b0 =F0,b1 =F1,b2 =F2,b3 =F3.(28)
and A is populated with the natural moments as follows ##EQU18## Cholesky Factorization for Positive Semidefinite Matrices
The matrix A of the least squares normal equations is symmetric. It is also positive, but since it can be non-invertible it is not necessarily definite. In other words, the data can be insufficient to support all the coefficients of the modeling function. For example, a domain that is only one pixel wide cannot support polynomial terms containing x, or a domain that is only one pixel tall cannot support terms in y.
For small symmetric positive definite matrices, the fastest known solution technique is the Cholesky factorization
The factorization is performed in place with the factorization taking the place of the original matrix elements. L takes the place of the elements below the diagonal, D appears on the diagonal, and D·LT replaces the elements above the diagonal.
The inner loop of the Cholesky method modifies the elements on or above the diagonal by a sequence of multiply-subtract operations. The factorization proceeds in column major order from the left and then down each row from the top ##EQU19##
After each element above the diagonal is calculated it is reflected symmetrically across the diagonal by dividing by the same row diagonal element ##EQU20##
For example, the order of calculation for a 3×3 matrix is
______________________________________ 0 1 3 1' 2 4, 3' 4' 5______________________________________
with the primed values indicating reflection across the diagonal. The calculation order ensures that the final value of each element of the factorization is available before it is needed for calculation of subsequent elements.
Once A has been factored, in place forward substitution (i increasing) ##EQU21## and backward substitution (i decreasing) ##EQU22## deliver the solution into b.
The diagonal elements, D, of the factorization are the pivots of the original matrix A. If any of the members of D are zero, the factorization fails since division by zero as would occur in (35) is undefined. Further, if any d, is near zero, the resulting factorization can become inaccurate. Small inaccuracies occurring early in the factorization are amplified as the calculation proceeds leading to large errors in the rightmost and bottommost elements of L and D.
Least squares systems on which the Cholesky factorization fails have insufficient data to support all the terms of the approximating polynomial. Unfortunately, it is not always easy to decide which polynomial coefficients are supported by a given a domain. However, with the following improvements, the Cholesky method can both produce accurate solutions and determine the supported polynomial terms.
The first aspect of the Cholesky method of note is that the final value of each element of the factorization is independent of values below or to the right. If the normal equations are organized so the lower order polynomial terms are on the left, the factorization begins the same no matter how large the ultimate polynomial order. The matrices (29)-(32) are arranged to take advantage of this property.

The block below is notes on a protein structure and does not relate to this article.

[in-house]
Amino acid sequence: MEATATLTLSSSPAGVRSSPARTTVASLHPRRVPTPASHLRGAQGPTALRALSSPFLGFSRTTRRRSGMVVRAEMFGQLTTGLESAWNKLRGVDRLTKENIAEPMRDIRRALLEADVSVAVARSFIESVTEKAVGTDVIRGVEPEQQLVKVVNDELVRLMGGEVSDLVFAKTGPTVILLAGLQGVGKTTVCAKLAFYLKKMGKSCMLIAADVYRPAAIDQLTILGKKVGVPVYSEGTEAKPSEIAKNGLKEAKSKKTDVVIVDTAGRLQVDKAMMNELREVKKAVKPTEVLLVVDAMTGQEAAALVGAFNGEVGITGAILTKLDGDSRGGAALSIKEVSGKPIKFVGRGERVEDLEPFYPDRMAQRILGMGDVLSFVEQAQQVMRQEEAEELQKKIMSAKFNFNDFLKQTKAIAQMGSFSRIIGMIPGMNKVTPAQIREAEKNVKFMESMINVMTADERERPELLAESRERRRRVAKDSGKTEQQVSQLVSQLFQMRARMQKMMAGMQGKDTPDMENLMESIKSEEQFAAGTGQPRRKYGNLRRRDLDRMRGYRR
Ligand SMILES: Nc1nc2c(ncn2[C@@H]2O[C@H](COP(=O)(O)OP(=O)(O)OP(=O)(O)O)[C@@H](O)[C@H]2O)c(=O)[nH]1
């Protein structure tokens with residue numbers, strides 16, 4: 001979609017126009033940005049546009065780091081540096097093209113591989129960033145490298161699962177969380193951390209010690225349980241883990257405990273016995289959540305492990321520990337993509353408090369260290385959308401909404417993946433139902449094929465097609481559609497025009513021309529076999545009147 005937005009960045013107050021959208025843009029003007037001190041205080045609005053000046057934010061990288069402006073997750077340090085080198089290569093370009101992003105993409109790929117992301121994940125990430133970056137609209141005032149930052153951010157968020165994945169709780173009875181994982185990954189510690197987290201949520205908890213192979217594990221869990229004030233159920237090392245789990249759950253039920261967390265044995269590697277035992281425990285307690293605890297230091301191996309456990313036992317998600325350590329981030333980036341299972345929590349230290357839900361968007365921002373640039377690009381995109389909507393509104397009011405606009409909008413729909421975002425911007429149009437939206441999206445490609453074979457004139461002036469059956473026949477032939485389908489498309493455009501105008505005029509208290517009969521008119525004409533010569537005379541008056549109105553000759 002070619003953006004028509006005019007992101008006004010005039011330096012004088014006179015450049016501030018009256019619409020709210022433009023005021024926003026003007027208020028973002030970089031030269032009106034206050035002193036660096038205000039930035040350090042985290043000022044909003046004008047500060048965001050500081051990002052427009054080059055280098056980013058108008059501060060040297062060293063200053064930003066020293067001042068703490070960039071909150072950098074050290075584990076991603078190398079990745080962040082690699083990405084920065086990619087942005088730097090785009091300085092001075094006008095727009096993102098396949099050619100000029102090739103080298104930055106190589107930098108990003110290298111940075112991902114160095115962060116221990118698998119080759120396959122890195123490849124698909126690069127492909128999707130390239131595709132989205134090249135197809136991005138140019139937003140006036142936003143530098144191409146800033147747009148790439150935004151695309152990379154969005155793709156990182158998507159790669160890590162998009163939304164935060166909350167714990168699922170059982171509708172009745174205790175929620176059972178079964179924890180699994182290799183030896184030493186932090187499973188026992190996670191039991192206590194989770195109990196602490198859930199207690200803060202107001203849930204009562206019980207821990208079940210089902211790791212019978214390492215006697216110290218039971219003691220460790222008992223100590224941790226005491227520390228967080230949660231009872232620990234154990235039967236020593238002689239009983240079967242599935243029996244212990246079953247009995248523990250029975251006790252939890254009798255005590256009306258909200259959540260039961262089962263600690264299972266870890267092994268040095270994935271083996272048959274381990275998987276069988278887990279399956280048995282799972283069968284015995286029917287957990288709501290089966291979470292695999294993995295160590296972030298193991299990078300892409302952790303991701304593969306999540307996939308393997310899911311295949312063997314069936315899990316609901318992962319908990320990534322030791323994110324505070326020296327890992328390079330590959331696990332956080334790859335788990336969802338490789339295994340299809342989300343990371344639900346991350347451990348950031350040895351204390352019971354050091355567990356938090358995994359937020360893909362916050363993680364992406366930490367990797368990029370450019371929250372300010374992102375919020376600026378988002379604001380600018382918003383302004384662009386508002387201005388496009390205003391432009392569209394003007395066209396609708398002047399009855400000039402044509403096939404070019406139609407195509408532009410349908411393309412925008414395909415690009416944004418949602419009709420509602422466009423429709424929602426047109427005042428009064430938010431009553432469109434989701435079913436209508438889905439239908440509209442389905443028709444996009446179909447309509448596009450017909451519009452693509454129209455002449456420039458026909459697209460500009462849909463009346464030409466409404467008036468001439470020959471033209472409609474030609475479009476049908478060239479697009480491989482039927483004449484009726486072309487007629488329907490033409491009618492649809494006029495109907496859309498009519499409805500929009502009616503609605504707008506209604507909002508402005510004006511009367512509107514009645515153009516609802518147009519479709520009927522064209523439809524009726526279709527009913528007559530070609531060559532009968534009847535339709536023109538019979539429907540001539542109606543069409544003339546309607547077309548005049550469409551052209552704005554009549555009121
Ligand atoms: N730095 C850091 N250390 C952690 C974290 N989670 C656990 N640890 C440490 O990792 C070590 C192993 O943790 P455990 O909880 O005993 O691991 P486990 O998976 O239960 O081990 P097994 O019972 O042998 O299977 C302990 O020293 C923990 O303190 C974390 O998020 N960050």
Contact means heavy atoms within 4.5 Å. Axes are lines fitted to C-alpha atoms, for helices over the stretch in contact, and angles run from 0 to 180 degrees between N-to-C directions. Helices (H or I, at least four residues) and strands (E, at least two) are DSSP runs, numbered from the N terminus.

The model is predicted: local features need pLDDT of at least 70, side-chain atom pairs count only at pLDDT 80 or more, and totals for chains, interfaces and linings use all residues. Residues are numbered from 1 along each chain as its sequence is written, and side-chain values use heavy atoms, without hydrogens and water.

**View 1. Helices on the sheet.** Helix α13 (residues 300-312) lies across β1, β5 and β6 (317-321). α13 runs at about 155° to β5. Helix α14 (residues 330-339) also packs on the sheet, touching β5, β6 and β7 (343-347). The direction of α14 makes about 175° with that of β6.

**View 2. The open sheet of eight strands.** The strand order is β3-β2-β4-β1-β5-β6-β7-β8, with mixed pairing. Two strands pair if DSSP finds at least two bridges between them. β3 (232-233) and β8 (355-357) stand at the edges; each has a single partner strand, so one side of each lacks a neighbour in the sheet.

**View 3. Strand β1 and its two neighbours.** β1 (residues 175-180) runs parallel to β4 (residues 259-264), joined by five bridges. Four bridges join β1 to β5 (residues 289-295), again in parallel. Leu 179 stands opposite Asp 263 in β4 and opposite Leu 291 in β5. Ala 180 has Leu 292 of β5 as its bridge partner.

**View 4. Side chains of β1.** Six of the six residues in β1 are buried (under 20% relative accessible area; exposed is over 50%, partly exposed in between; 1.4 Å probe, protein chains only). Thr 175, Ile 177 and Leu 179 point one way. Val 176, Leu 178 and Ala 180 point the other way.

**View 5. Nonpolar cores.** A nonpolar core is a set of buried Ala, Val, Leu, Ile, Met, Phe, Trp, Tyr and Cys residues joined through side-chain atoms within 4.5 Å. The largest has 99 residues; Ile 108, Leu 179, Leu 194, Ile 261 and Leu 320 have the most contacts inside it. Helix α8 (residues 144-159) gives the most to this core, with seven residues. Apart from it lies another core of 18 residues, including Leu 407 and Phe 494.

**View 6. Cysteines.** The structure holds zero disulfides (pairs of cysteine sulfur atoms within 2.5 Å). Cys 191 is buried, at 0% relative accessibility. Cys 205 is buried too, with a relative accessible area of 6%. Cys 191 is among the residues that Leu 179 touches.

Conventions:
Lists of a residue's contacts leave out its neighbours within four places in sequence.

The second important aspect of the Cholesky method is that if the row and column of zero diagonal elements are removed as they occur in the computation, the result is the same as if the zeroed rows and columns were not included initially. Removing a row and column from A has the affect of removing a polynomial term from the approximating polynomial f, which is exactly the desired behavior.
The following property of positive matrices leads to a method for dynamically removing unsupported rows and columns of A.
All the diagonal elements and all of the pivots of a positive definite matrix are positive. The implication of this property is that the diagonal elements of A are non-negative both before and after factorization. Since the lower elements of the factorization are obtained by dividing the corresponding upper element by a positive diagonal element, aif and afi always have the same sign, the product aif ·afi is always positive, and the diagonal elements aii are monotonically reduced (34) as the factorization progresses. This means that the di never become negative and then later return to positivity. Therefore, any negative di is solely due to computational inaccuracies and is set to zero.
Just as computational inaccuracies can lead to negative di, they can conspire to produce di that are positive but are known with insufficient precision to distinguish them from zero. The precision to which a di is known can be determined using the structure of the computation and the numerical precision with which computations are made.
Numerical computations are performed with floating point numbers. Floating point numbers are irregularly spaced samples of the real numbers. For a given precision, the smallest number that can be added to one and produce a number different than one is ε. For numbers larger than one the difference between two successive floating point numbers Nn and Nn+1 is approximately ε·Nn.
This means that before factorization, the initial granularity or uncertainty in each aii is ε·aii. Since the aii are only altered through subtraction the initial uncertainty can never improve. Therefore, if any di falls below its initial uncertainty, u, it is indistinguishable from zero and is set to zero. To guard against pathological error combinations, u is multiplied by a small positive integer κ.